Author Traces the Colebrook Shootings in Nonfiction Account

Valley News Staff Writer
Friday, September 11, 2015
On Aug. 19, 1997, a northern New Hampshire man named Carl Drega living near Colebrook, N.H., went on a shooting rampage, killing four people who included a local judge, the editor of the daily Colebrook News and Sentinel and two New Hampshire state troopers. These were people against whom Drega had nursed long-time grudges, or they happened to get in his way that day. The reaction in the North Country town of some 2,000 people was, of course, horror and shock.

Now, writer Richard Adams Carey has reconstructed the events in his nonf iction account In the Evil Day (ForeEdge Books , an imprint of the Lebanon-based University Press of New England), tracing the origin of both Drega’s violence and the stories of the people he murdered. Carey writes with empathy and insight about how the town endured the shootings, and how it rebounded.

Writing the Rails

Of all the unconventional voices to grace the pages of The New Yorker one of the most singular was that of E.M. Frimbo, the pen name of editor Rogers E.M. Whitaker.

Frimbo was an inveterate rider of the rails, the self-described “world’s greatest train buff.” He wrote about riding trains for The New Yorker and was most prolific from the 1940s to the 1970s. He died in 1981, but even death couldn’t stop his travels. This from New Yorker writer Mark Singer:

Included in Frimbo’s mileage total of 2,748,674.73 miles (Whitaker was a stickler for precision) was the journey his ashes made in July, 1981, two months after his death, en route to being scattered over a section of track in the Cumbres Pass, Colorado, at the highest point in the United States still traversed by narrow-gauge passenger railroad.

Tonight, in conjunction with this weekend’s Glory Days Festival, the Main Street Museum in White River Junction will hold a series of readings from Frimbo’s work, which was collected in All Aboard with E.M. Frimbo . The event is free and open to the public. Doors open at 7 and the readings start at 8 and run like a train on a trunk line, deep into the night.

More New Books

Vermont writer and journalist Stephen Kiernan, whose previous novel The Curiosity asked what might happen if a man found frozen in Arctic ice could be reanimated, looks at veterans returning from war in his recently released novel The Hummingbird (William Morrow). Through the story of a hospice nurse in California who must contend with her husband’s PTSD (the result of three tours in Iraq), Kiernan weighs the obligations of service to country, and the costs of war.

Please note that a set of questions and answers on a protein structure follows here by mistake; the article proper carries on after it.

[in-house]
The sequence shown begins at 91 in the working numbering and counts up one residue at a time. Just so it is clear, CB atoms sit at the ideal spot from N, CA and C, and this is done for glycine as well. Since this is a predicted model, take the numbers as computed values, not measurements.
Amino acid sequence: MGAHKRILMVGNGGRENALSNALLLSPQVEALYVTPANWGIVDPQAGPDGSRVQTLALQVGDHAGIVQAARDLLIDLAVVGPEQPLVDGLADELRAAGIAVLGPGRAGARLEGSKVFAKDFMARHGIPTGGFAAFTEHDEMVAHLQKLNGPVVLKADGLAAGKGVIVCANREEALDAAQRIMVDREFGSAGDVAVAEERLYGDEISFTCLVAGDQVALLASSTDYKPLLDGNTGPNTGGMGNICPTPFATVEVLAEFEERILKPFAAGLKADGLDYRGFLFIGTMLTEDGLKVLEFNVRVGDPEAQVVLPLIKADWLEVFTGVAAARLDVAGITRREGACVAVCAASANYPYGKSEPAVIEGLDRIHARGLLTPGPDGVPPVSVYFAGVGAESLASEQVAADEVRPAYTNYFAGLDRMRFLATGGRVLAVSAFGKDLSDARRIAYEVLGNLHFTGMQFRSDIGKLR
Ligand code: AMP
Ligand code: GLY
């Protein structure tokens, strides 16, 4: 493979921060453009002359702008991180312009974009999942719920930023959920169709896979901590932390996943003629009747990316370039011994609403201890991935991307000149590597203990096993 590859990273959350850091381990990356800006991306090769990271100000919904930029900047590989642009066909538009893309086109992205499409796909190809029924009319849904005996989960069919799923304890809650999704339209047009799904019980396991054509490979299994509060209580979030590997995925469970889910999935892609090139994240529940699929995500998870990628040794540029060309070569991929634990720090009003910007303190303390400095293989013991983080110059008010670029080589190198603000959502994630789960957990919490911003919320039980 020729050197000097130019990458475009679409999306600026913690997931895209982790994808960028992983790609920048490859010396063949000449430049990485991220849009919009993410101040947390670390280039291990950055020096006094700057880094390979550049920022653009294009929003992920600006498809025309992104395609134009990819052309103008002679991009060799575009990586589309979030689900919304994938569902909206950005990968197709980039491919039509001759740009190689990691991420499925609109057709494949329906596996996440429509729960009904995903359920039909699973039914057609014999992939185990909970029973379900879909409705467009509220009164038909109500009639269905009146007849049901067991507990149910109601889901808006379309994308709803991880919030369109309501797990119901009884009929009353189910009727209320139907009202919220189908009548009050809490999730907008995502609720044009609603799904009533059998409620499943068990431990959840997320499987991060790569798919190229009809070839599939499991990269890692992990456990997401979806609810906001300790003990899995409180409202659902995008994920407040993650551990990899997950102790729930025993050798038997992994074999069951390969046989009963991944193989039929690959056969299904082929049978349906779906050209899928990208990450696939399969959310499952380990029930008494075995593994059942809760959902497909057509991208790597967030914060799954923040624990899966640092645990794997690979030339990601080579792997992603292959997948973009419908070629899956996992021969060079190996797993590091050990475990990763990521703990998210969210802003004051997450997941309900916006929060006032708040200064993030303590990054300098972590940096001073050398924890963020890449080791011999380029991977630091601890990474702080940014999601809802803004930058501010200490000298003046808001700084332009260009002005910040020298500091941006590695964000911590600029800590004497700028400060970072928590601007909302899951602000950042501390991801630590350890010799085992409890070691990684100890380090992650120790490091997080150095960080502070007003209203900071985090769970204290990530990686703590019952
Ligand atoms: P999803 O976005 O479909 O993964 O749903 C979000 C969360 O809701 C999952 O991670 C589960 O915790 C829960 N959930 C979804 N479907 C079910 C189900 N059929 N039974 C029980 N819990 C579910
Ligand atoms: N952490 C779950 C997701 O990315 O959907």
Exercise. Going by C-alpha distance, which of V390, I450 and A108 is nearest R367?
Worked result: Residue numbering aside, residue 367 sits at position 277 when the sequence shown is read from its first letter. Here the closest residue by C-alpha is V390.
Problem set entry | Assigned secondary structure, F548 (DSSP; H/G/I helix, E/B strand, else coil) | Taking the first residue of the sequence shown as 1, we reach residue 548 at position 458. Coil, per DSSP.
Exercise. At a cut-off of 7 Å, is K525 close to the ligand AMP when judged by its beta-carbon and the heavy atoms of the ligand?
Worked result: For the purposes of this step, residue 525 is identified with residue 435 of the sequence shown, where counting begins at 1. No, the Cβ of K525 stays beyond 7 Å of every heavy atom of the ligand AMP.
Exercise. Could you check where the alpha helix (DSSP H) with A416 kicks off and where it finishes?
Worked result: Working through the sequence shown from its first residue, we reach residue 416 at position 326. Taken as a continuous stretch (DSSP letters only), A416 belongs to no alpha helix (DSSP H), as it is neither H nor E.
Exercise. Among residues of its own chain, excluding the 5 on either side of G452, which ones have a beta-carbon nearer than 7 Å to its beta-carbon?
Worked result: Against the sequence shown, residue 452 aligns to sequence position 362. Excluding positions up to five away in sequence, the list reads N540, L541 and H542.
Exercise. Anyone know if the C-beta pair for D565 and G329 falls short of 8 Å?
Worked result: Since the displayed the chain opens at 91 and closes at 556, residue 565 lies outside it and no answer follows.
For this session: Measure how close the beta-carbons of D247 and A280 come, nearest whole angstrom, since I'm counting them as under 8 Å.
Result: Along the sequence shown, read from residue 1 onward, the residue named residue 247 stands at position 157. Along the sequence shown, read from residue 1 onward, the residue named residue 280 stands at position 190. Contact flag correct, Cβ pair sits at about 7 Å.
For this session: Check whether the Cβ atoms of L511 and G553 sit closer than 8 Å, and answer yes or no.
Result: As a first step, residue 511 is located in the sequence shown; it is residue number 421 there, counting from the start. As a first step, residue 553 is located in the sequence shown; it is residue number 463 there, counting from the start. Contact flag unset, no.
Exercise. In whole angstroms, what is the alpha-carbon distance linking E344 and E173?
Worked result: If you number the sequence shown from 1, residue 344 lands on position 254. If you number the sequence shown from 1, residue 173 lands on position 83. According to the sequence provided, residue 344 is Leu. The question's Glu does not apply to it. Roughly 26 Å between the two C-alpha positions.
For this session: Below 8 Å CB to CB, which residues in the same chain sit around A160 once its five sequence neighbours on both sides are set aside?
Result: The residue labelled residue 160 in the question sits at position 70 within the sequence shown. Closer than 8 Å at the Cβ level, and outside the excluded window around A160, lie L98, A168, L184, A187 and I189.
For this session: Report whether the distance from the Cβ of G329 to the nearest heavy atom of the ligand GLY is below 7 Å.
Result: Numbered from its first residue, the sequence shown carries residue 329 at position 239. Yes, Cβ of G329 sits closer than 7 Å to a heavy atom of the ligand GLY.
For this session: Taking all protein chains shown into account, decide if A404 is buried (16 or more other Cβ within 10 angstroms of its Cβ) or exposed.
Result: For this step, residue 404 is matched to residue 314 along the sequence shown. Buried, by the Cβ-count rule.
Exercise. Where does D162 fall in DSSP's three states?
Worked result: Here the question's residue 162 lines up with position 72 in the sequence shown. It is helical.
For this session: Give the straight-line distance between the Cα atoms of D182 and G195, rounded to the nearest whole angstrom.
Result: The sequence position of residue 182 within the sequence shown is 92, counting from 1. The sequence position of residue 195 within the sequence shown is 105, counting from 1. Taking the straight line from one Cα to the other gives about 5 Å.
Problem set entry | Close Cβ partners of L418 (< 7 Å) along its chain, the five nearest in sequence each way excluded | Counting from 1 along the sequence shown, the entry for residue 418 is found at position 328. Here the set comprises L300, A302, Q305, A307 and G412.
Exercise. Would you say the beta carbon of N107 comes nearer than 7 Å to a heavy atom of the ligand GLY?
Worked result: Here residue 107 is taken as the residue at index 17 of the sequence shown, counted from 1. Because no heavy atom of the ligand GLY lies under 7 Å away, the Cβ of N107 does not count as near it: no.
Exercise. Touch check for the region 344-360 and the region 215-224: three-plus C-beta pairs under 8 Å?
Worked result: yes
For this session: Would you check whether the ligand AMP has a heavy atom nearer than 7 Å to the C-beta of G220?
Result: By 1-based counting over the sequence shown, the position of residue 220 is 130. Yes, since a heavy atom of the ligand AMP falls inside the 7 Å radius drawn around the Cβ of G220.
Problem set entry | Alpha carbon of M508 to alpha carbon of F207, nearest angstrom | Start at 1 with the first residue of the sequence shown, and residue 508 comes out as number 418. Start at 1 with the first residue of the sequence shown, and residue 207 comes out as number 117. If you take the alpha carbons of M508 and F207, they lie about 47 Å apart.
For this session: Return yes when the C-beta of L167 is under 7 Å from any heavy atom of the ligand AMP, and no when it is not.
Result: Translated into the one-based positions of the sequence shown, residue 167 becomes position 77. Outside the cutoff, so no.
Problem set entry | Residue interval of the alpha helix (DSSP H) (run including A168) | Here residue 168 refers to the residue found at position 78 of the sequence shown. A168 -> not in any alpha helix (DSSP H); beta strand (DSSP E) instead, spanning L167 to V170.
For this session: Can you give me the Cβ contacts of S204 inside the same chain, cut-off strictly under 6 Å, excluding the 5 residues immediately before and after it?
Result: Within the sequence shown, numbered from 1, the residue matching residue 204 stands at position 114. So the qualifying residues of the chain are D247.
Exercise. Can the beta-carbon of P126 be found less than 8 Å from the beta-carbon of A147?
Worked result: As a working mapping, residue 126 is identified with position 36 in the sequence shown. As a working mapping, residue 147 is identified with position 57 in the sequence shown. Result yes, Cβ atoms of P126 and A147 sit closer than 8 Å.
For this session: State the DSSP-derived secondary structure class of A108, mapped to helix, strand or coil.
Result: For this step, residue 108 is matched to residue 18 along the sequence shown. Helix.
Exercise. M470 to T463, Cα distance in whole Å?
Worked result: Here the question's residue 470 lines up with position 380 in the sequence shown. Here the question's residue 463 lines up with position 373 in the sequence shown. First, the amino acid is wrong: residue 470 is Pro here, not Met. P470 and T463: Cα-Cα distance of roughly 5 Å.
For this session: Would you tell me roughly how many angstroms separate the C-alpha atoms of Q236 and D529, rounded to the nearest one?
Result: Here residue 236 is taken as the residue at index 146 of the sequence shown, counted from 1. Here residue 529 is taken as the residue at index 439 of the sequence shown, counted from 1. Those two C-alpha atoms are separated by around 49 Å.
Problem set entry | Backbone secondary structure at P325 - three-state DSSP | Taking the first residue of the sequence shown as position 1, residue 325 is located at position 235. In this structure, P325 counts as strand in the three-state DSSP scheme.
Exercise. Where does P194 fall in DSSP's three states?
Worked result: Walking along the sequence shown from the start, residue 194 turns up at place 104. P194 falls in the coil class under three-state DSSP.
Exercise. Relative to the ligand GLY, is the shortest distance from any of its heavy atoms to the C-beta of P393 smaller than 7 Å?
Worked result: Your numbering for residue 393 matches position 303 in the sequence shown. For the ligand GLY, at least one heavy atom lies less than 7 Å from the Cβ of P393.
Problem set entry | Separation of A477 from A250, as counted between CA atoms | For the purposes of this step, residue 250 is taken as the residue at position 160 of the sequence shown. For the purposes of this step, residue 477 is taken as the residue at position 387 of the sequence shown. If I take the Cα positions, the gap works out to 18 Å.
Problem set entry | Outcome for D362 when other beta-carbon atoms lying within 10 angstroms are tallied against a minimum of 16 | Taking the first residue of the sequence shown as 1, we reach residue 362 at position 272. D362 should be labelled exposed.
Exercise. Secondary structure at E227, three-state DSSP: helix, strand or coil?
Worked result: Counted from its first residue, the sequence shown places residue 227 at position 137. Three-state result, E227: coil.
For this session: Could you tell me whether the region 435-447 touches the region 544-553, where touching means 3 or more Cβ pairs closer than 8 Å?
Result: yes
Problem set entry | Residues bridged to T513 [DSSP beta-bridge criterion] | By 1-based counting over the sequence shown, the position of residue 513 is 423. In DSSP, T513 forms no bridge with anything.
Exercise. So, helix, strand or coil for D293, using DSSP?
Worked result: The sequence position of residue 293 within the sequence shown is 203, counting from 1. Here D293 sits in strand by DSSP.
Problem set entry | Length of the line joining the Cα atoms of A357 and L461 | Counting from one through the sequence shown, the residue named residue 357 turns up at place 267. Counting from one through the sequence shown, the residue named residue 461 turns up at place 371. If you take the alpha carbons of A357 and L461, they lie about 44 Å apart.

For those who are interested in nature writing, the estimable magazine Northern Woodlands will be holding its annual writers and readers conference from Oct. 16 through Oct. 18 at the Hulbert Outdoor Center on Lake Morey in Fairlee.

There will be an array of workshops and panel discussions led by a roster of writers that includes Bernd Heinrich, a professor emeritus at the University of Vermont and author of Ravens in Winter and The Snoring Bird ; David Macauley, the MacArthur Fellowship recipient, illustrator of The Way We Work and Cathedral and a Norwich resident; Peter Forbes, conservationist and author of The Great Remembering , Further Thoughts on Land , Soul and Society ; bear rehabilitator and author Ben Kilham, from Lyme; Robin Brickman, children’s book illustrator of A Log’s Life and Swallows in the Treehouse ; and David Sobel, an educator at Antioch College New England who writes about educating children about environmental issues.

Among other things, the organizers promise woods walks, illustration classes, writing workshops and an abundance of s’mores. For information and registration go to northernwoodlands.org/writersconference.

Book Groups

The Norman Williams Public Library in Woodstock will hold a number of book-related events over the next few months. First up a re book discussions and readings set for next week.

A discussion of Harper Lee’s Go Set A Watchman , led by former University of Vermont professor of English Margaret Edwards, happens at 4 p.m. on Monday, i n the library’s mezzanine. Is Go Set A Watchman a book that shouldn’t have been published? Is it more realistic than To Kill A Mockingbird ? These questions will surely arise.

At 7 p.m. on Monday, p oet Danny Dover reads from his first full-length book of poetry, Tasting Precious Metal , and Dorothy Robson will accompany him on the piano with music inspired by Dover’s poetry. Dover’s poems have appeared in Blueline and numerous issues of Bloodroot Literary Magazine . He has published one chapbook, Kindness Soup, Thankful Tea (Dhotarap Press, 2006). D over was a 2013 Pushcart nominee.

Meanwhile, over in Meriden and Plainfield, t he discussion group “One Town-One Book” picks up the John Steinbeck classic The Grapes of Wrath . With its depiction of migrants on the move, seeking a better, more stable life, The Grapes of Wrath is always pertinent, but in light of the recent crisis of refugees from Syria flooding into Europe, the themes of displacement and resilience are even more salient.

Discussion takes place at the Plainfield School beginning on Thursday at 6:30 p.m. The group then meets for the next two Thursdays. On Oct. 1, at the Plainfield Grange, Dartmouth college English professor Suzanne Brown will also lead a group reading the book, beginning at 6:30 p.m.

Nicola Smith can be reached at nsmith@vnews.com.